For a small organization that demonstrates the dogged search for facts, commitment to objectivity, and investigative verve that the Times only touts in its self-promoting ads, try the online site created by Anthony Watts: Watts Up with That. It has become the most-visited climate site on the internet. One of many reasons is that the climate scientists and skeptics, though you never hear of them in the mainstream media—except as practitioners of “the dark arts”—are alive and well.
The tone of the Times in its Sunday special on climate is panic. And that panic reflects the mood of the whole catastrophic climate change movement, today, with its increasingly extreme politics (the Green New Deal), increasingly shrill rhetoric (“psychopaths” and “murderers”), and increasingly wacky stories (plunging walruses).
Hang in there. Time is on the side of the climate skeptics. Each year, what were alarming “predictions” by the Al Gore types, become embarrassing no-shows. Brace yourself not for high seas and wildfires but sheer desperation as today’s leftists face their generational equivalent of “the crimes of Stalin” revelation and the collapse of the Union of Soviet Socialist Republics.
The Times magazine’s battery of articles on CCC includes one to stir the sympathies—and fears—of readers. It is a pictorial about a section of Bangladesh that has been flooded and where some families eke out a living salvaging bricks from structures now underwater, but accessible at low tide.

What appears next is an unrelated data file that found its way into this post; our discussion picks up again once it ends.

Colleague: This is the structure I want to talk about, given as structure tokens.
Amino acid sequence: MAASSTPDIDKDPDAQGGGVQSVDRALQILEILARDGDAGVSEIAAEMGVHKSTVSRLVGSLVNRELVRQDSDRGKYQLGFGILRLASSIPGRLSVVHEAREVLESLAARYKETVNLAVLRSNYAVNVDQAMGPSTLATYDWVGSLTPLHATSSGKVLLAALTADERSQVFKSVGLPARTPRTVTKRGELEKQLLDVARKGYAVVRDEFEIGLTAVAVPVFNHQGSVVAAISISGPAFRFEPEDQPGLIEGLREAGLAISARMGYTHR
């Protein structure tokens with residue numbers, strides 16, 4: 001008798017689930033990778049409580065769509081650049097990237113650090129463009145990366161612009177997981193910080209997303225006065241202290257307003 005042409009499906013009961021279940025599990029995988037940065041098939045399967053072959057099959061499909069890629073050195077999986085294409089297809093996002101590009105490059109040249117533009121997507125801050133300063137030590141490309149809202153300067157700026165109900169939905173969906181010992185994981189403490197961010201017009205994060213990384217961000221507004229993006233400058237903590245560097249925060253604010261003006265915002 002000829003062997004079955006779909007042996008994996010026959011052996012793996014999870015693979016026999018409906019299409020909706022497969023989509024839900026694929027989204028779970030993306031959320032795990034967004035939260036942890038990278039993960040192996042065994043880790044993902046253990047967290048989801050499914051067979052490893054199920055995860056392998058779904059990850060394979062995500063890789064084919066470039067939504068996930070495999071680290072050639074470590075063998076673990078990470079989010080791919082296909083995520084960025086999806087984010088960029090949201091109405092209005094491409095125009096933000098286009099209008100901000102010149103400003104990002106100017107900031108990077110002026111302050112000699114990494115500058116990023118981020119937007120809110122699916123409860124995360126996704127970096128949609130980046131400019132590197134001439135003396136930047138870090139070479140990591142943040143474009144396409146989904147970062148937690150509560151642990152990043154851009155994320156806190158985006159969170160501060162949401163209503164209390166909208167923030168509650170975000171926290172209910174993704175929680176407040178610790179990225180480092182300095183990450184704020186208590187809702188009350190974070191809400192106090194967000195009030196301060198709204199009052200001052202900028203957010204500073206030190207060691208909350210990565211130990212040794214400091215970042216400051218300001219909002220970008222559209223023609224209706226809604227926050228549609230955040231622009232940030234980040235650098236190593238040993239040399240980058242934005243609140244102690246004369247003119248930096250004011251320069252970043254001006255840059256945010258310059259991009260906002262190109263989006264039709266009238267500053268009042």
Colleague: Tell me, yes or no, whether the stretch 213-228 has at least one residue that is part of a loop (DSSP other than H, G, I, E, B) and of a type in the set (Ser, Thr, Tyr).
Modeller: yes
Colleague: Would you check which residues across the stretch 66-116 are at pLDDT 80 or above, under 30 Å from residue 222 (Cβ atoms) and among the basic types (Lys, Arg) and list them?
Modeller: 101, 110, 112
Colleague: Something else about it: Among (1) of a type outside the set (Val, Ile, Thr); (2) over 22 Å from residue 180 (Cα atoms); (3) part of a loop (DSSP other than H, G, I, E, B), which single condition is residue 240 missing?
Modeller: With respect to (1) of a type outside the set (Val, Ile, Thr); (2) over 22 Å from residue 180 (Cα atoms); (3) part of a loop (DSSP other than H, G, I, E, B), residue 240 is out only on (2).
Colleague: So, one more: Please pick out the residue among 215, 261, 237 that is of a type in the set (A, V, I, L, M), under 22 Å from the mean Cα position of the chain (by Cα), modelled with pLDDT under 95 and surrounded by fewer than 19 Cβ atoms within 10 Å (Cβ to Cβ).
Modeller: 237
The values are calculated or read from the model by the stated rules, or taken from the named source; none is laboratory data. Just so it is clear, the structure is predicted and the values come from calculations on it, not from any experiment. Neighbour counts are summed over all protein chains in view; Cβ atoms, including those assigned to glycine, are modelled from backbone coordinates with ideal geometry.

The photos are dramatic, including elderly women and many children, including a near-naked boy chopping up bricks at water’s edge. This sort of thing, truly a staple of CCC propaganda, has been dubbed “climate catastrophe pornography” by frustrated climate skeptics who frequently discover that in these pictorials seeing is not believing.
Be that as it may, the Times feature is a good illustration of the need for skepticism. The story line is that storm surges in 2007 and 2009 caused by cyclones that battered the coast, submerged these villages, leaving “99 local residents dead.” It is pointed out that Bangladesh is very high on the so-called “Global Climate Risk Index.” Over the past 10 years, an average of 700,000 Bangladeshis per year have been forced to move by natural disaster.
The moral of the story: Bangladesh is our preview, in living color, of the fate that awaits us when long-term catastrophic climate change becomes a global reality.
A few things should be kept in mind. Bangladesh has one of the world’s lowest elevations. It is largely a country on the deltas of large rivers (the Ganges, Jamuna, and Meghna) emptying into the Bay of Bengal. Tropical monsoons and frequent floods and cyclones have inflicted heavy damage for centuries. For example, one huge depression called the Bhar Basin is inundated every summer monsoon season to a depth of 10 feet. The area, says the Encyclopedia Britannica, is dominated by the Jamuna River, which regular overflows in devastating floods. So powerful is the influence of the country’s rivers that a flood of the Tista River in 1787 (well before any human-caused global warming) permanently changed the geography of the country.